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Related to château: Château d'Yquem
château(shătō`, Fr. shätō`), royal or seignioral residence and stronghold of medieval France—the counterpart of the English castlecastle,
type of fortified dwelling characteristic of the Middle Ages. Fortification of towns had been in practice since antiquity, but in the 9th cent. feudal lords began to develop the private fortress-residence known as the castle.
..... Click the link for more information. of the period. In such a fortress, peasants of the surrounding country took refuge during time of war. The early fortified château, called a château-fort, reached its culmination in the late 15th cent., when the magnificent feudal Pierrefonds was built near Compiègne. The 16th-century château, with its gardens and outbuildings, was usually surrounded by a moat, but was only lightly fortified. Notable châteaus of the transition period between the military château and the later country estate with extensive landed property are those of the Loire, Indre, and Cher valleys, such as Chambord, Amboise, Blois, Chenonceaux, Azay-le-Rideau, and Chaumont.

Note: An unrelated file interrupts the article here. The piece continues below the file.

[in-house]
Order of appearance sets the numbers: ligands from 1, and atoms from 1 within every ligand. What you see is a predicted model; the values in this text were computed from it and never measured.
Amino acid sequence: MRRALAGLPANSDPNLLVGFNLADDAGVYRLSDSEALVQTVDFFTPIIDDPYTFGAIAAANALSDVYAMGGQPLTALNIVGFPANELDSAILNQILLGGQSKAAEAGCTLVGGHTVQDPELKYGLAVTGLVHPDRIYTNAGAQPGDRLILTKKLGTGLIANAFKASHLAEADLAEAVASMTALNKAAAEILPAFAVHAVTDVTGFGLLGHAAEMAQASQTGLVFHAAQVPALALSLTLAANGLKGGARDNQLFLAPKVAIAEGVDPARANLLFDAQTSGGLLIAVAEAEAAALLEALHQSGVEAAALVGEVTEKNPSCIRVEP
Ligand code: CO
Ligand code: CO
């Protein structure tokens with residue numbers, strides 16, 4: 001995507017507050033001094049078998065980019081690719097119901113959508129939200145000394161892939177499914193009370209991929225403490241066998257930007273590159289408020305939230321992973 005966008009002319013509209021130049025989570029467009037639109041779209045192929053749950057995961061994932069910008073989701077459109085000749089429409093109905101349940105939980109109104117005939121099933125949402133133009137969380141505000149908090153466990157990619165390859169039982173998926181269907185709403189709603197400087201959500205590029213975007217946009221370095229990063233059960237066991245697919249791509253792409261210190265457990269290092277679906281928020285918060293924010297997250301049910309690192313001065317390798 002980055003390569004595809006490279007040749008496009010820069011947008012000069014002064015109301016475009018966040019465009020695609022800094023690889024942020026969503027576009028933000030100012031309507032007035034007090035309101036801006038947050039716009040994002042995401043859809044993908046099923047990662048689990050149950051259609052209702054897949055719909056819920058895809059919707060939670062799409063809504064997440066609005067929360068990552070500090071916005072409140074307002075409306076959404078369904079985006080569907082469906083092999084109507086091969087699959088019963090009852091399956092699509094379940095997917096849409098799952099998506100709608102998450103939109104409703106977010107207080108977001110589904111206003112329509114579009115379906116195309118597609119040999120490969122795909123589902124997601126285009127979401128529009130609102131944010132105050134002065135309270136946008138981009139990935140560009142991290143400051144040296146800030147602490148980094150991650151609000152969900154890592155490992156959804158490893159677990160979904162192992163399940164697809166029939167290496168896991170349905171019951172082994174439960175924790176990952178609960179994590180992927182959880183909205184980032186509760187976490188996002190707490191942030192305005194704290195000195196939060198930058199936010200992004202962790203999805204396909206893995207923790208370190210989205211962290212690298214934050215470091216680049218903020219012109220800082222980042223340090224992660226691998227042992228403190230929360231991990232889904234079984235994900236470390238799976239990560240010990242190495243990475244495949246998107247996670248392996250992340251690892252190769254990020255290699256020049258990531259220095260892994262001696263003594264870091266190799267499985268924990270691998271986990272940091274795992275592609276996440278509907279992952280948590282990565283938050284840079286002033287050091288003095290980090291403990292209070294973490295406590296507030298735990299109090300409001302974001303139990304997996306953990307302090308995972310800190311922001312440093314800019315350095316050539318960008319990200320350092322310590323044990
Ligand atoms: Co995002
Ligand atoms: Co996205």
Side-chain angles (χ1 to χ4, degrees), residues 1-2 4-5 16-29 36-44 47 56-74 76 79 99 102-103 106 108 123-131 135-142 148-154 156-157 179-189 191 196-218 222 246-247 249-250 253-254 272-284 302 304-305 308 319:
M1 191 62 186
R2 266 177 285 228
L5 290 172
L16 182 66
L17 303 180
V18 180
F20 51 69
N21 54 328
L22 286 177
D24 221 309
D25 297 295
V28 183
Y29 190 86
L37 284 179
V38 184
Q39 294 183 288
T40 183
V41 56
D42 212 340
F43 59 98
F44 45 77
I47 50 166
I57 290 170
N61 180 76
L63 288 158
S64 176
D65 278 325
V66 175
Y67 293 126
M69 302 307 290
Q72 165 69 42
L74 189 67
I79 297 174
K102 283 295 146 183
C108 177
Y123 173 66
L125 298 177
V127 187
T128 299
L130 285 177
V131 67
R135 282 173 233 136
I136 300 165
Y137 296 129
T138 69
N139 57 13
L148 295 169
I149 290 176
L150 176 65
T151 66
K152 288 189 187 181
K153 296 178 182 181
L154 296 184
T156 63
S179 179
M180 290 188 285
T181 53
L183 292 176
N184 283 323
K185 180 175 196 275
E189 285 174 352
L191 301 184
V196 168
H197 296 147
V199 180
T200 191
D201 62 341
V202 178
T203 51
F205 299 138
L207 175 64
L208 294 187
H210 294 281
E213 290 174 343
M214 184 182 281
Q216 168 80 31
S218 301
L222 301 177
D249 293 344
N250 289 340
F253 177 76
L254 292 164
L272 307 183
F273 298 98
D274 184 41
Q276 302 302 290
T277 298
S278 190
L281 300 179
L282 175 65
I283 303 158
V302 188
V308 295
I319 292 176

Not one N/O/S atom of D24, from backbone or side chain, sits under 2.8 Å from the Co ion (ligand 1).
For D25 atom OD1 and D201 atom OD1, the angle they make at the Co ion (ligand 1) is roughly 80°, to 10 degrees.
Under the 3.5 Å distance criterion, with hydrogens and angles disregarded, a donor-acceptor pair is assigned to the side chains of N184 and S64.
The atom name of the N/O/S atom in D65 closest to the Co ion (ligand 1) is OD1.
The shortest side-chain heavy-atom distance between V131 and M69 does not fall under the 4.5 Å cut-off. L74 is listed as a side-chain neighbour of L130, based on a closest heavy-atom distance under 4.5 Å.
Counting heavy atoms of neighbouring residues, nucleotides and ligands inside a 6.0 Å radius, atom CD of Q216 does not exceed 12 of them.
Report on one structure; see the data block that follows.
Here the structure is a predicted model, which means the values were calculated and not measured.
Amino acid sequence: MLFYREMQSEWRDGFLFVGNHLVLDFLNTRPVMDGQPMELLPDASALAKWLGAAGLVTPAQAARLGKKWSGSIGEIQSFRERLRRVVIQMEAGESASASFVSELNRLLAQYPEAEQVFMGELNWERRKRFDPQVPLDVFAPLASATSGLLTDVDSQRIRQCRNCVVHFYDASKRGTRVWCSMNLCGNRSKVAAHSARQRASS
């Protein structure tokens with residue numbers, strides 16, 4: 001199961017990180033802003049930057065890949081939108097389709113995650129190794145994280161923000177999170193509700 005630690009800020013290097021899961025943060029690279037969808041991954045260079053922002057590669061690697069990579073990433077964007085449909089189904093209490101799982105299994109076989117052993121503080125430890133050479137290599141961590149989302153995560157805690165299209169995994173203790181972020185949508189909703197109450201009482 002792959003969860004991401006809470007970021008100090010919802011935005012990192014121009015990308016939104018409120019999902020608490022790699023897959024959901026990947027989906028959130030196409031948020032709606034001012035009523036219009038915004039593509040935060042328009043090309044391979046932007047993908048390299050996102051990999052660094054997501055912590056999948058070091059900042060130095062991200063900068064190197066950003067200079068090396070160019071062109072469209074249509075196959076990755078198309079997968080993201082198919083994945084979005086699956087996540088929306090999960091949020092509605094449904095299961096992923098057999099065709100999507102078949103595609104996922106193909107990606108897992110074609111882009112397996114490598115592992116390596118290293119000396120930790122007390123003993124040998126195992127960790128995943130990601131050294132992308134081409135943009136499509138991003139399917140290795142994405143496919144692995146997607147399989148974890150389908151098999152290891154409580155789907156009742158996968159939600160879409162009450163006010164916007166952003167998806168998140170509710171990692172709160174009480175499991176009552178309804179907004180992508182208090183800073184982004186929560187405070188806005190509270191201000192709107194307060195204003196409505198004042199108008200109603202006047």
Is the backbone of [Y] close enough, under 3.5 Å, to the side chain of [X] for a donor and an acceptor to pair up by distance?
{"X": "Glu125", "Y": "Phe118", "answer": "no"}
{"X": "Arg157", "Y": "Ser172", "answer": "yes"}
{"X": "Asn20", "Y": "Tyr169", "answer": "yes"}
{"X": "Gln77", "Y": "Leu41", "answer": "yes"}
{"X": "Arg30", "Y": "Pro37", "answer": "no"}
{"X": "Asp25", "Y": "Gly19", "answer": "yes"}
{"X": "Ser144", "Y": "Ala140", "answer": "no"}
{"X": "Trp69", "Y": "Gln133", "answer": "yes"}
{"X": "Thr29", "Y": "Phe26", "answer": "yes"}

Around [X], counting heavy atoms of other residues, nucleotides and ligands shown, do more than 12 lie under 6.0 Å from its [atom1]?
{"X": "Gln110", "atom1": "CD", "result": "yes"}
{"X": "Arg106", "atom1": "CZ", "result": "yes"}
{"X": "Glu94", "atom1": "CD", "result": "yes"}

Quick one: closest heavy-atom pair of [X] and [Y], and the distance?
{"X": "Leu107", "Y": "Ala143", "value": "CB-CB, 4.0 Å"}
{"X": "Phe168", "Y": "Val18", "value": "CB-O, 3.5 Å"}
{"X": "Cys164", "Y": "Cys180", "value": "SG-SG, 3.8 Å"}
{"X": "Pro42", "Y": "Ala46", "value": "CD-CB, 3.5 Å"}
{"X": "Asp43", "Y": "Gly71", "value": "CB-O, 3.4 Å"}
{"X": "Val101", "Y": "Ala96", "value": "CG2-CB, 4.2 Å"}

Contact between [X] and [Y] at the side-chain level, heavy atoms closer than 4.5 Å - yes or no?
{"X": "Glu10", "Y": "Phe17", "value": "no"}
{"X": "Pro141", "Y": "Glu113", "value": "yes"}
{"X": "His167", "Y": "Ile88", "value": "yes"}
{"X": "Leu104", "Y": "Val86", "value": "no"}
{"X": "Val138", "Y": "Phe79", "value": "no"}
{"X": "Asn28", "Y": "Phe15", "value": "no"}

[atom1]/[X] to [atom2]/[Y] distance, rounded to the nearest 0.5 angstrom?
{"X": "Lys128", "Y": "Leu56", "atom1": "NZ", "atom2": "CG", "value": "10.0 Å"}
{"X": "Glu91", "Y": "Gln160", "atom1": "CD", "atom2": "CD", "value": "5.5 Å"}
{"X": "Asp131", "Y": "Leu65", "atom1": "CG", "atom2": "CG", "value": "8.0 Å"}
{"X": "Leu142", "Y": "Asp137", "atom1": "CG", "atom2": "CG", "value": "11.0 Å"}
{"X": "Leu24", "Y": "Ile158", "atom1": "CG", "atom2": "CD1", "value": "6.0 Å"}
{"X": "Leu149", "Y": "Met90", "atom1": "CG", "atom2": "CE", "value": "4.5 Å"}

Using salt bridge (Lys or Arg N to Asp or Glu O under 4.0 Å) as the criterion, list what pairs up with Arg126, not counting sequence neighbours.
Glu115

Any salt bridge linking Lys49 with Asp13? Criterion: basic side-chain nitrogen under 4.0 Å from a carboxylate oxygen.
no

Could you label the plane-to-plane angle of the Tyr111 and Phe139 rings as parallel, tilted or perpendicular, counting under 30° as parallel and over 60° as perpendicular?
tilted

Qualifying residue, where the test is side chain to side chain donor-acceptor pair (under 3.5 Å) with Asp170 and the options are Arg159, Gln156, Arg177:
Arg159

See study by F. Gébelin (tr. 1964).
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A castle or imposing country residence of nobility in old France; any large country estate.
Illustrated Dictionary of Architecture Copyright © 2012, 2002, 1998 by The McGraw-Hill Companies, Inc. All rights reserved
1.A castle or imposing country residence of nobility in old France.
2. Now, any French country estate.
McGraw-Hill Dictionary of Architecture and Construction. Copyright © 2003 by McGraw-Hill Companies, Inc.
1. a country house, castle, or manor house, esp in France
2. (in Quebec) the residence of a seigneur or (formerly) a governor
3. (in the name of a wine) estate or vineyard
Collins Discovery Encyclopedia, 1st edition © HarperCollins Publishers 2005